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First Nations women had 800% more overdoses: ‘horrific’ crisis’ new B.C. data

Dr. Shannon McDonald, deputy chief health officer for the First Nations Health Authority, speaks on Thursday, Aug. 3, 2017 at Vancouver’s Bill Reid Gallery.

First Nations overall five times more likely to overdose, despite being just 3.4% of population, health authority and mental health minister reveal.

by David Ball, Metro Vancouver News, August 3, 2017

The statistics are as shocking as the “horrific” crisis they measure, British Columbia’s new mental health minister, Judy Darcy, warned Thursday.

First Nations women in B.C. were eight time more likely to overdose on drugs than non-First Nations women, and First Nations overall were five times more likely to overdose. As for fatal overdoses, the news was equally grim: one-in-ten B.C. drug deaths last year was First Nations. Read the rest of this entry


B.C. First Nations say fentanyl crisis disproportionately affecting their communities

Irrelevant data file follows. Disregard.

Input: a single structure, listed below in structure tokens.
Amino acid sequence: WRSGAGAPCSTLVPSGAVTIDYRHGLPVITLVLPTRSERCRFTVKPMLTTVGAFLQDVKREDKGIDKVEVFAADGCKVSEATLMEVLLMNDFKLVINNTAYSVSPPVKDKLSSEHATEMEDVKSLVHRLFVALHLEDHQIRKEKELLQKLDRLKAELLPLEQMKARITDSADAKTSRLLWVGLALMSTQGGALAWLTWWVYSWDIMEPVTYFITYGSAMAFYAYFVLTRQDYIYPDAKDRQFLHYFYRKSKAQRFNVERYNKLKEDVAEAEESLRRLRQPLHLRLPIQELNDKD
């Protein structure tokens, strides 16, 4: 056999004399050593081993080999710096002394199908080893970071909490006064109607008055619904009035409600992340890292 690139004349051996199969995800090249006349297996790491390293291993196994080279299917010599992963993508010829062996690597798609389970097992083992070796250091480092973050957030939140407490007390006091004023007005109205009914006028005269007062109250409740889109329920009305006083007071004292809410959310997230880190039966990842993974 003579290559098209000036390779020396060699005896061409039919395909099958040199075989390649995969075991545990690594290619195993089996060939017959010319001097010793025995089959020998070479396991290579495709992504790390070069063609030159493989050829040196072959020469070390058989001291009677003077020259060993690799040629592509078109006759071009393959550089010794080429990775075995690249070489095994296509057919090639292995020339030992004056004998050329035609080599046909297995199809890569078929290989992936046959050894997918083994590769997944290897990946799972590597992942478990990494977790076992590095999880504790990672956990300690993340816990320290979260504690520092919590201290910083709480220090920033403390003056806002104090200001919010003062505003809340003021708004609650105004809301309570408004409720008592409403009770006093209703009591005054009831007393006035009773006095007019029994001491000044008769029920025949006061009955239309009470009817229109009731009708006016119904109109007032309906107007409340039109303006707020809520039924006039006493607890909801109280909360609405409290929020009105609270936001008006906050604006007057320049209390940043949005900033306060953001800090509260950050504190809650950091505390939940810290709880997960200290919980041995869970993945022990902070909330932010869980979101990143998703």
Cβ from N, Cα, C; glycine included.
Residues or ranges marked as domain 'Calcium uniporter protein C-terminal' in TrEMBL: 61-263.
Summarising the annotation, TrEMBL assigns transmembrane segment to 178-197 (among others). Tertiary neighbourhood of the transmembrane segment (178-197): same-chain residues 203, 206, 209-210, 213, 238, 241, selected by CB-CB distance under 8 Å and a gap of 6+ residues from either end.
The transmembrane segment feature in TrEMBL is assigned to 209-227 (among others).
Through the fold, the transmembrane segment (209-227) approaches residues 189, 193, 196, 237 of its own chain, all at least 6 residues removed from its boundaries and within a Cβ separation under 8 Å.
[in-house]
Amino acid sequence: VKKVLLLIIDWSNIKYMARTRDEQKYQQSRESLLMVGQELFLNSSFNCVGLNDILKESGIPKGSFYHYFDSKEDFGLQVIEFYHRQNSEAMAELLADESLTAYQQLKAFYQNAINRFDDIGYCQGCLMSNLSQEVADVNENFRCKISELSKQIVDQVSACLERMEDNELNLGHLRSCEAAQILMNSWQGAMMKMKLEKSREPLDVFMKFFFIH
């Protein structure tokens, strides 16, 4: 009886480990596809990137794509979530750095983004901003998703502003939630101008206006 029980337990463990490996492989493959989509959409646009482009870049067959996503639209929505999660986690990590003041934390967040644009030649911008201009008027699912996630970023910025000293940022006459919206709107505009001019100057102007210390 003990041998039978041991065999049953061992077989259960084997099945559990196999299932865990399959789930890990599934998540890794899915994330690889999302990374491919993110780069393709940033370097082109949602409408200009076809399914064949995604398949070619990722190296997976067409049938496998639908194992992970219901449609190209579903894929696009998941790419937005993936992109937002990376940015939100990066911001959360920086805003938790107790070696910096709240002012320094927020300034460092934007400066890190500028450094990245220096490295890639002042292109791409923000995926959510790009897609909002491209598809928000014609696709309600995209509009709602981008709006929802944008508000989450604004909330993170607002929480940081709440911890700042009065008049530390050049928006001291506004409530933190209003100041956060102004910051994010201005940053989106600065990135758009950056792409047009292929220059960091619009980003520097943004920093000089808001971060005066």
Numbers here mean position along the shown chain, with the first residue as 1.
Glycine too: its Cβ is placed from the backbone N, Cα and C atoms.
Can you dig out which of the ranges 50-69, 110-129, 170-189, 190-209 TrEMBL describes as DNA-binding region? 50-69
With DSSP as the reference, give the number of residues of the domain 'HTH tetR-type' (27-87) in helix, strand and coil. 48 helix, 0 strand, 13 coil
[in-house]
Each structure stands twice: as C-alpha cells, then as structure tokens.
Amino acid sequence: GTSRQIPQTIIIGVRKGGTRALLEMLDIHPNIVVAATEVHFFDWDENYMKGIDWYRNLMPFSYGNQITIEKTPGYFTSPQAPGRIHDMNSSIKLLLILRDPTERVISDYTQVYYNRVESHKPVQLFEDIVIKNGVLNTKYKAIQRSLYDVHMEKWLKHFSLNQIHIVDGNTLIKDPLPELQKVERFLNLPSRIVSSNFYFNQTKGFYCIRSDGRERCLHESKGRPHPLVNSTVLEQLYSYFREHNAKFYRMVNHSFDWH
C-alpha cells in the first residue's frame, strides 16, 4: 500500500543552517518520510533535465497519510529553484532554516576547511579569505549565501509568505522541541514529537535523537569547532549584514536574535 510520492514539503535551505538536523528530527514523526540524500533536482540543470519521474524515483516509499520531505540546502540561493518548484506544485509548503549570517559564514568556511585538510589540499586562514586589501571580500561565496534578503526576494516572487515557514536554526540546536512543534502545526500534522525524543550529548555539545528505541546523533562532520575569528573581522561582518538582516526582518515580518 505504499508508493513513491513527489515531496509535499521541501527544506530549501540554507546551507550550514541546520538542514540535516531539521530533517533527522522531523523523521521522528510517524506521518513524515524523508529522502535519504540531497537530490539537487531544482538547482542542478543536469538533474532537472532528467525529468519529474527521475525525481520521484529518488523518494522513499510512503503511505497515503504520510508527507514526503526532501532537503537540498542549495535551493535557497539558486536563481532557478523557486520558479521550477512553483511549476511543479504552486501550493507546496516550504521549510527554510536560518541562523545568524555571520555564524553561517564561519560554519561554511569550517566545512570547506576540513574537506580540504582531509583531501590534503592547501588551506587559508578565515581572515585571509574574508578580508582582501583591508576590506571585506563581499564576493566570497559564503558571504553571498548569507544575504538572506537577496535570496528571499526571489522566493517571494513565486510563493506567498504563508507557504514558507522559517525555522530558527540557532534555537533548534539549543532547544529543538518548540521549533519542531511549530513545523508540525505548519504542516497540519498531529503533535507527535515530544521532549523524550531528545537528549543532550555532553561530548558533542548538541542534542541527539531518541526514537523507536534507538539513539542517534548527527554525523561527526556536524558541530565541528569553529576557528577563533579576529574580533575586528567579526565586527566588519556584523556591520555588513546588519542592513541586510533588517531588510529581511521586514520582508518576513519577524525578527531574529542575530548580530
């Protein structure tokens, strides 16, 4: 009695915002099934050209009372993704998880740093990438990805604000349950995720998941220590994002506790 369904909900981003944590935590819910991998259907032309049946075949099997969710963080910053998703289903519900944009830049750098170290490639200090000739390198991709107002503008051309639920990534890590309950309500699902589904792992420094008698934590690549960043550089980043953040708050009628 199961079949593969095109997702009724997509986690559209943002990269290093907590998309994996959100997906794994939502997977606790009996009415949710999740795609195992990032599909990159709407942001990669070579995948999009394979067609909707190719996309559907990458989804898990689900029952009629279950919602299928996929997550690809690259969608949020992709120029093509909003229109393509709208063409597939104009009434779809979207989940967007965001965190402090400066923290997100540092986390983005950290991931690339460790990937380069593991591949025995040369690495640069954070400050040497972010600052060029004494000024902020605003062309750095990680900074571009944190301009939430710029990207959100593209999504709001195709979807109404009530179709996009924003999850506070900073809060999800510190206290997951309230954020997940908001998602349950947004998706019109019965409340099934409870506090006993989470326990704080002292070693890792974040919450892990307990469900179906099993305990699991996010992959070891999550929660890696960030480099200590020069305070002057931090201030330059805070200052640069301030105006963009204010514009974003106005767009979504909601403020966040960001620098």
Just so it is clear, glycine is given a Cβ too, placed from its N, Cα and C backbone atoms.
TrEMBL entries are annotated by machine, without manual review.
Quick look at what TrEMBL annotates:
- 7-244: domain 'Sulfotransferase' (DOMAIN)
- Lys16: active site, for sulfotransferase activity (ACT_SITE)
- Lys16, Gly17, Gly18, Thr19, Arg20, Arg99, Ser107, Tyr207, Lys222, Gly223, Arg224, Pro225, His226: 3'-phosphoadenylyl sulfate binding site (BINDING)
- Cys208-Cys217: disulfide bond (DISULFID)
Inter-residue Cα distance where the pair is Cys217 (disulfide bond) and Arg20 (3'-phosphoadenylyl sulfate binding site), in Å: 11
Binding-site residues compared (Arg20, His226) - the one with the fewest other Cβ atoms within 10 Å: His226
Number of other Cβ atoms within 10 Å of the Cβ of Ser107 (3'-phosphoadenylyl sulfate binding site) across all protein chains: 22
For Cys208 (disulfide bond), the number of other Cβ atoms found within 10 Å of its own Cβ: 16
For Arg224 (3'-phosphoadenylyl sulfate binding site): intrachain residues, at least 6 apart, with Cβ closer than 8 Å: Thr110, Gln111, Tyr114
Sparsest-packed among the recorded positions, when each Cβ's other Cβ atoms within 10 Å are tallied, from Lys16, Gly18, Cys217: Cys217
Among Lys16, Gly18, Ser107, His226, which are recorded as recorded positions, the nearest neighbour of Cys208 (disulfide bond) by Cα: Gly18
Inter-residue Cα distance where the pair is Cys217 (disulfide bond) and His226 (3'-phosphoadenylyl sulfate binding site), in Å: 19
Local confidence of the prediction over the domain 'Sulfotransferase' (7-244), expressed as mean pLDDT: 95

Splatsin First Nation Chief Kukpi7 Wayne Christian says fentanyl is having a devastating effect in communities across the Secwepemc Nation, where a state of emergency was declared in March 2017.

But leaders say they don’t have data to confirm suspicions

By Linda Givetash, The Canadian Press, April 30, 2017

First Nations leaders in British Columbia say they suspect fentanyl is having a disproportionate impact on their communities, but they can’t get the numbers to prove it.

Grand Chief Edward John of the First Nations Summit said he’s been asking the First Nations Health Authority (FNHA) and other provincial authorities for the data since last fall, but nothing has yet been delivered. Read the rest of this entry